From Petrohue our bus carried on via Puerto Montt, the salmon centre of Chile to Puerto Varas, our last stop before finally returning to Buenos Aires for the last time on this trip. The scenery is beyond beautiful, and reminded us once again of Switzerland. All along the road we saw “mountains” of cleared ash, from the last eruption of the other active volcano in this area. In fact Calbuco Volcano had erupted just a couple of months before, and I once again said some silent prayers that it would please not erupt again while we were still there!
By 20h00 we were dropped off at Hotel Cumbres, settled into our very comfortable hotel room and decided to really treat ourselves to some good Chilean food. I unfortunately have by now forgotten what it all consisted of; all I can remember is that the food was fabulous and the wine was great too. We slept like logs!
Wednesday, 11 November 2015
I really regret that we did not have more time to explore this beautiful city. Puerto Varas is known as “The City of Roses” for its many flower-lined streets. Apparently the best way to see the town is to walk from one end to the other and observe their unmistakable German-inspired architecture, modern residential developments and beautiful gardens. We were told of one of the highlights, i.e. the colourful and impressive Iglesia del Sagrado Corazón de Jesús, which was founded in 1853 by the German and Swiss colonists who came to populate the south of Chile. Puerto Varas boasts beautiful boutique hotels, lodges and charming inns. The city also has a casino and a wide variety of eateries, plus many exquisite shops for handicrafts, woven items, gourmet products and handmade chocolates. I am still sad that I didn’t buy a beautiful black Alpaca shawl in the hotel shop to take home. I will have to leave this for next time.
By 09h00 we were picked up, again by a very talkative and well-spoken Chilean lady taxi driver. She told us everything about Chia seeds and its wonderful properties. She is growing the seeds on her farm in the south of Chile. She has a young son, is divorced and has to supplement her income by driving taxis. Very lovely lady, and Kai was especially impressed, I don’t know whether by her looks or her English or what she had to tell us about Chia seeds…. I didn’t ask him, but I have my suspicions!
And then we were back in Buenos Aires. The flight was dreadful, very bumpy over the Andes, and I was once again praying and pleading for a safe return to South Africa, to see Hannah and Max again. But we made it! Kai thought I was over-reacting and said he had experienced worse. Well, for me it was dreadful.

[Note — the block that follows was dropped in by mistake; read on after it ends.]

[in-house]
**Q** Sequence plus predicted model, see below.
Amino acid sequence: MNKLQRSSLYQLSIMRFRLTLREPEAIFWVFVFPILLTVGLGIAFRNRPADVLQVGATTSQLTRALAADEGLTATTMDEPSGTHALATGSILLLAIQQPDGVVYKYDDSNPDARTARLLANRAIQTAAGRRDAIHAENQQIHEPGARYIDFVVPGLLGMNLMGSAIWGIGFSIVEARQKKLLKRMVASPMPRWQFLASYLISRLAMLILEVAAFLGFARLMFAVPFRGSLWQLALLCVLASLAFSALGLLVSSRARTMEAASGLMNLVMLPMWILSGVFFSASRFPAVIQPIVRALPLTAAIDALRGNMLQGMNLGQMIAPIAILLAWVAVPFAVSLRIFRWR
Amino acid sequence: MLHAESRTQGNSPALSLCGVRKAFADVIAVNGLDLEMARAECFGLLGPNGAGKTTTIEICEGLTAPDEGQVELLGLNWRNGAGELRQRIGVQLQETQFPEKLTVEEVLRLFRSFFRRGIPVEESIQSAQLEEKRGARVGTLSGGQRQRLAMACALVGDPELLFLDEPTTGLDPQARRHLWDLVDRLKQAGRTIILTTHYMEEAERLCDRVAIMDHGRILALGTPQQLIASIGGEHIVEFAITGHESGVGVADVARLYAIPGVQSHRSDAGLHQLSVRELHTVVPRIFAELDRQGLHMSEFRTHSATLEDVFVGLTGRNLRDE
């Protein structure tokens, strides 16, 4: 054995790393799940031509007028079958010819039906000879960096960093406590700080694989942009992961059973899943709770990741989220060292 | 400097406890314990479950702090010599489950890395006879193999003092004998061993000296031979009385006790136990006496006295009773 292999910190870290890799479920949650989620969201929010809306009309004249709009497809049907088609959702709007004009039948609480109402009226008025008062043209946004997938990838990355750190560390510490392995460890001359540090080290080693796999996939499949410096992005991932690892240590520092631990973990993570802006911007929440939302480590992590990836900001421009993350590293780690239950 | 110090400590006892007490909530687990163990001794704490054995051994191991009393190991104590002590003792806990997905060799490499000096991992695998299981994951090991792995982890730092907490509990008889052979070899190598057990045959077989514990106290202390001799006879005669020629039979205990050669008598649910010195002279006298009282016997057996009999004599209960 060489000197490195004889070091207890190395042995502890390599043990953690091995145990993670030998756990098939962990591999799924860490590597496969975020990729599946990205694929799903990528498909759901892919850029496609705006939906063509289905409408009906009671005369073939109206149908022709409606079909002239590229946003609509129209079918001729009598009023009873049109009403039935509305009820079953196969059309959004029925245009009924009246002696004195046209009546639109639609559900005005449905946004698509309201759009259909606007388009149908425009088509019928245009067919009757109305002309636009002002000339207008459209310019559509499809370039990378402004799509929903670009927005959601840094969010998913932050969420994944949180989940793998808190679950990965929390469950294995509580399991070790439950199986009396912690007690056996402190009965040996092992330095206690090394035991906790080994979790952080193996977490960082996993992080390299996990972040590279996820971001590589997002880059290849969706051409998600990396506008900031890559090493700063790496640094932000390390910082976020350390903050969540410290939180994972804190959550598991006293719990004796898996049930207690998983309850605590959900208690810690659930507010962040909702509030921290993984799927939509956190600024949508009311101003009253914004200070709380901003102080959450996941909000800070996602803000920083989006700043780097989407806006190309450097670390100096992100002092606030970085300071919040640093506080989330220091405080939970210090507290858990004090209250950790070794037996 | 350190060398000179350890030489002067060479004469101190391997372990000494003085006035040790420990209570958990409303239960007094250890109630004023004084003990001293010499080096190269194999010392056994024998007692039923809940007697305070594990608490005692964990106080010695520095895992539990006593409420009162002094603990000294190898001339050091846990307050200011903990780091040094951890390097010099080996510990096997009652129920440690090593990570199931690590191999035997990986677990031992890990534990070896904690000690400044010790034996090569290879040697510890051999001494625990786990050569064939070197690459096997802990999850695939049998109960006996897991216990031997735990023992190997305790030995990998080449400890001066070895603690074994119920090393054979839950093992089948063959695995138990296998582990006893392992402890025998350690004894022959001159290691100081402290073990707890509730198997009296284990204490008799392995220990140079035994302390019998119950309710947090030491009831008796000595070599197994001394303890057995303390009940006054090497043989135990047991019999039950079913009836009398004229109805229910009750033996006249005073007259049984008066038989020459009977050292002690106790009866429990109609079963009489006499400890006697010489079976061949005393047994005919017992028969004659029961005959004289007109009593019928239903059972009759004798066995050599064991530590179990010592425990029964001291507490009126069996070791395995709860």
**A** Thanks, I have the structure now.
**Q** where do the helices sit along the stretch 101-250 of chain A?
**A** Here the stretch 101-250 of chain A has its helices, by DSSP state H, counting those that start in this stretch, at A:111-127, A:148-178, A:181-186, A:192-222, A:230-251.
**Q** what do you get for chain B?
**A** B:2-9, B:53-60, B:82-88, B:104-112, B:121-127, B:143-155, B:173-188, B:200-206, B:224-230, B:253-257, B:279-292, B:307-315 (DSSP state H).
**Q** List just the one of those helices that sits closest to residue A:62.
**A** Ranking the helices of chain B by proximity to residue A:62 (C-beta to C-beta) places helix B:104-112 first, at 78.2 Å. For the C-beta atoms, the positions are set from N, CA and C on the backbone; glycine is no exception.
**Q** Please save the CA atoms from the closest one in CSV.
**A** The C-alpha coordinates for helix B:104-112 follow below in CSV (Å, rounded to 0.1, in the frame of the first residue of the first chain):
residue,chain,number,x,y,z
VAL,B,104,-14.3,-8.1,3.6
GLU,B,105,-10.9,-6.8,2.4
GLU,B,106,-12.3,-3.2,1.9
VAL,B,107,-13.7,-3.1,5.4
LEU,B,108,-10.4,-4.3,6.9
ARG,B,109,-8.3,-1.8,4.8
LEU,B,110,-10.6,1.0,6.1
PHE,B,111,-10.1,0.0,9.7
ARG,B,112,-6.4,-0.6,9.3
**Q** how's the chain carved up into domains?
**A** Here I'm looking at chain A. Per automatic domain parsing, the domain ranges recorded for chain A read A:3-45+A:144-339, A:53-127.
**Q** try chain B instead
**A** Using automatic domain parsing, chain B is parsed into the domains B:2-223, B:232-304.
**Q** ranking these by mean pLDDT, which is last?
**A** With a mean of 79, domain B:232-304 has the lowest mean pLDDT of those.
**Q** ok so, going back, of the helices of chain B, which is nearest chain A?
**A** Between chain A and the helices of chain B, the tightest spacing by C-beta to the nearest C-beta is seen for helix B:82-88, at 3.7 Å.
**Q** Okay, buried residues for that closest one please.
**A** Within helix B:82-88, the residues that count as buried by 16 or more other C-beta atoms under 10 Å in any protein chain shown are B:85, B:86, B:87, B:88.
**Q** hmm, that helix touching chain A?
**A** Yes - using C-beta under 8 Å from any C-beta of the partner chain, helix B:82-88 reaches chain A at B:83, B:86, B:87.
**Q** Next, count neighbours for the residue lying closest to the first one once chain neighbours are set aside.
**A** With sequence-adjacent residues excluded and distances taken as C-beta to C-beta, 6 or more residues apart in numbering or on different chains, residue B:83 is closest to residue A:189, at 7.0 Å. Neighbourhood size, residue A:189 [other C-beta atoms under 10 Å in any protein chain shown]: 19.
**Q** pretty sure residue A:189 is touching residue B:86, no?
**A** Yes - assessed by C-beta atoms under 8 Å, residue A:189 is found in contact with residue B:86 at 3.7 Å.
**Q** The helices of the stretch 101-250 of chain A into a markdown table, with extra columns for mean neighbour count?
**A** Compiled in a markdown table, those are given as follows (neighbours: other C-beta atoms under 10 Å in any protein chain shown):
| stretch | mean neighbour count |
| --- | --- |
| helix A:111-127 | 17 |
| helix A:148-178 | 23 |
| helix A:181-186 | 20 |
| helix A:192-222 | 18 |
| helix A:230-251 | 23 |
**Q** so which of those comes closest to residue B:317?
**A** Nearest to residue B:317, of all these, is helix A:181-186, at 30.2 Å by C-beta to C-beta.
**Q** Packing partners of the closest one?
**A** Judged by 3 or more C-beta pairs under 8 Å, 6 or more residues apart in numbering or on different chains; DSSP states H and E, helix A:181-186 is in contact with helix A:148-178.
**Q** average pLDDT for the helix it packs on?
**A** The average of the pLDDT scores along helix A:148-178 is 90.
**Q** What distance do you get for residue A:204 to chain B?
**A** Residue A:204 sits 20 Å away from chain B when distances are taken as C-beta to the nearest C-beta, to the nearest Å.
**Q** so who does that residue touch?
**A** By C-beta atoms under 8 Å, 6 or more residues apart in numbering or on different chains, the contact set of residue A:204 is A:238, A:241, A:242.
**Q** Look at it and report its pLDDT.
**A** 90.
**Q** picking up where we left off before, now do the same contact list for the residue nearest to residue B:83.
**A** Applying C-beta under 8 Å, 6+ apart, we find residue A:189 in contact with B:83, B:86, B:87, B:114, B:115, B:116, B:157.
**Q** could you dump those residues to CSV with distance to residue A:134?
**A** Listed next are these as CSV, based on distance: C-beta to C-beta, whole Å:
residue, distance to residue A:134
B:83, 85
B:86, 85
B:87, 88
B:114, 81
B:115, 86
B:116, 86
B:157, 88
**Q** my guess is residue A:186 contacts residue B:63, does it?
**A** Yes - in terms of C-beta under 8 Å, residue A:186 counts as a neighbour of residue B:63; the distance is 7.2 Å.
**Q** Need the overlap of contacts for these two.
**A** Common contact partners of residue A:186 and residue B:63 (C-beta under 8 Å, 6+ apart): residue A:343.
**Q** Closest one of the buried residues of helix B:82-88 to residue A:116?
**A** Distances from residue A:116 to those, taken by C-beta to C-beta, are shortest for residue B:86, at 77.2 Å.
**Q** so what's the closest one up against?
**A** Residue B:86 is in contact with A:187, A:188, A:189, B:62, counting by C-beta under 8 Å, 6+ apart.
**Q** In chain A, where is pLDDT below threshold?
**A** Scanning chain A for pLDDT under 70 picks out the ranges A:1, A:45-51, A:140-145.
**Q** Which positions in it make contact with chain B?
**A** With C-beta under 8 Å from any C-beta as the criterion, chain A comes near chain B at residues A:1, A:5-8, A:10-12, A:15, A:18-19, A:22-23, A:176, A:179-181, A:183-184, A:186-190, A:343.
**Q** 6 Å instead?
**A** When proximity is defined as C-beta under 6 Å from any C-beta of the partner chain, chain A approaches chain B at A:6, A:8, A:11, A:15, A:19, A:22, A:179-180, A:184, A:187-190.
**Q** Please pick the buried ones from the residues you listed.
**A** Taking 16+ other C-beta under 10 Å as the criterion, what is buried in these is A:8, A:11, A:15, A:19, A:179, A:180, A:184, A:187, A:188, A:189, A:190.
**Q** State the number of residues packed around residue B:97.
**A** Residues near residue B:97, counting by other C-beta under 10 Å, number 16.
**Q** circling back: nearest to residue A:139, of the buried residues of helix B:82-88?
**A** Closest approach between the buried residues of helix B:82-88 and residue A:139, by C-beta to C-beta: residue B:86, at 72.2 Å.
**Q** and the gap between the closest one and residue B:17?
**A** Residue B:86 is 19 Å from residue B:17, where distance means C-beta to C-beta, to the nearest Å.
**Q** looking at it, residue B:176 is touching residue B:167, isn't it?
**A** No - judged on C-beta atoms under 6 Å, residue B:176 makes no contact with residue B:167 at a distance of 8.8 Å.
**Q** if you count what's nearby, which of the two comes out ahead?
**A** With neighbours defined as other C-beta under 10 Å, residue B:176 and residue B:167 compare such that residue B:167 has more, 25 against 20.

We took a taxi back to our The Urbanica Suites Hotel, which by now had become our second home in Argentina. Soon after our arrival we went to a wonderful steakhouse for Lomo again. Our friends joined us, and we enjoyed our “last supper” together with much laughter and fun.
Thursday, 12 November 2015
Our last day in Buenos Aires had arrived. A last bus ride into town: This time to the centre, the city’s “downtown” with its beautiful buildings, elegant shops, ostentatious hotels, exclusive restaurants, well-dressed portenos. We ended up drinking coffee at the La Biela Restaurant, adjoining the Recoleta Cemetery, a restaurant that reminded me of a Parisian Cafe. Just another side again to this magical city called Buenos Aires!!!!
And then we had to say our teary good-byes. Our friends dropped us off at the taxi rank. It had begun to rain heavily, and we literally “swam” back to Ezeiza Airport, where we caught our Turkish Airways flight back home to be welcomed by my daughter Hannah with champagne and beautiful flowers.
I could have written so much more, but I had to stop at some point. The rest will be precious memories that we will carry in our hearts forever. Thank you to all who made this possible.
Until next time:
“DON’T CRY FOR ME ARGENTINA”
Karen and her husband Kai became friends as we met and travelled together in Botswana. Their lively approach to life and extensive globe trotting makes them ideal contributors to The Luxury Couple. We hope you agree!
If you’ve missed the first two parts of their fascinating adventure then see: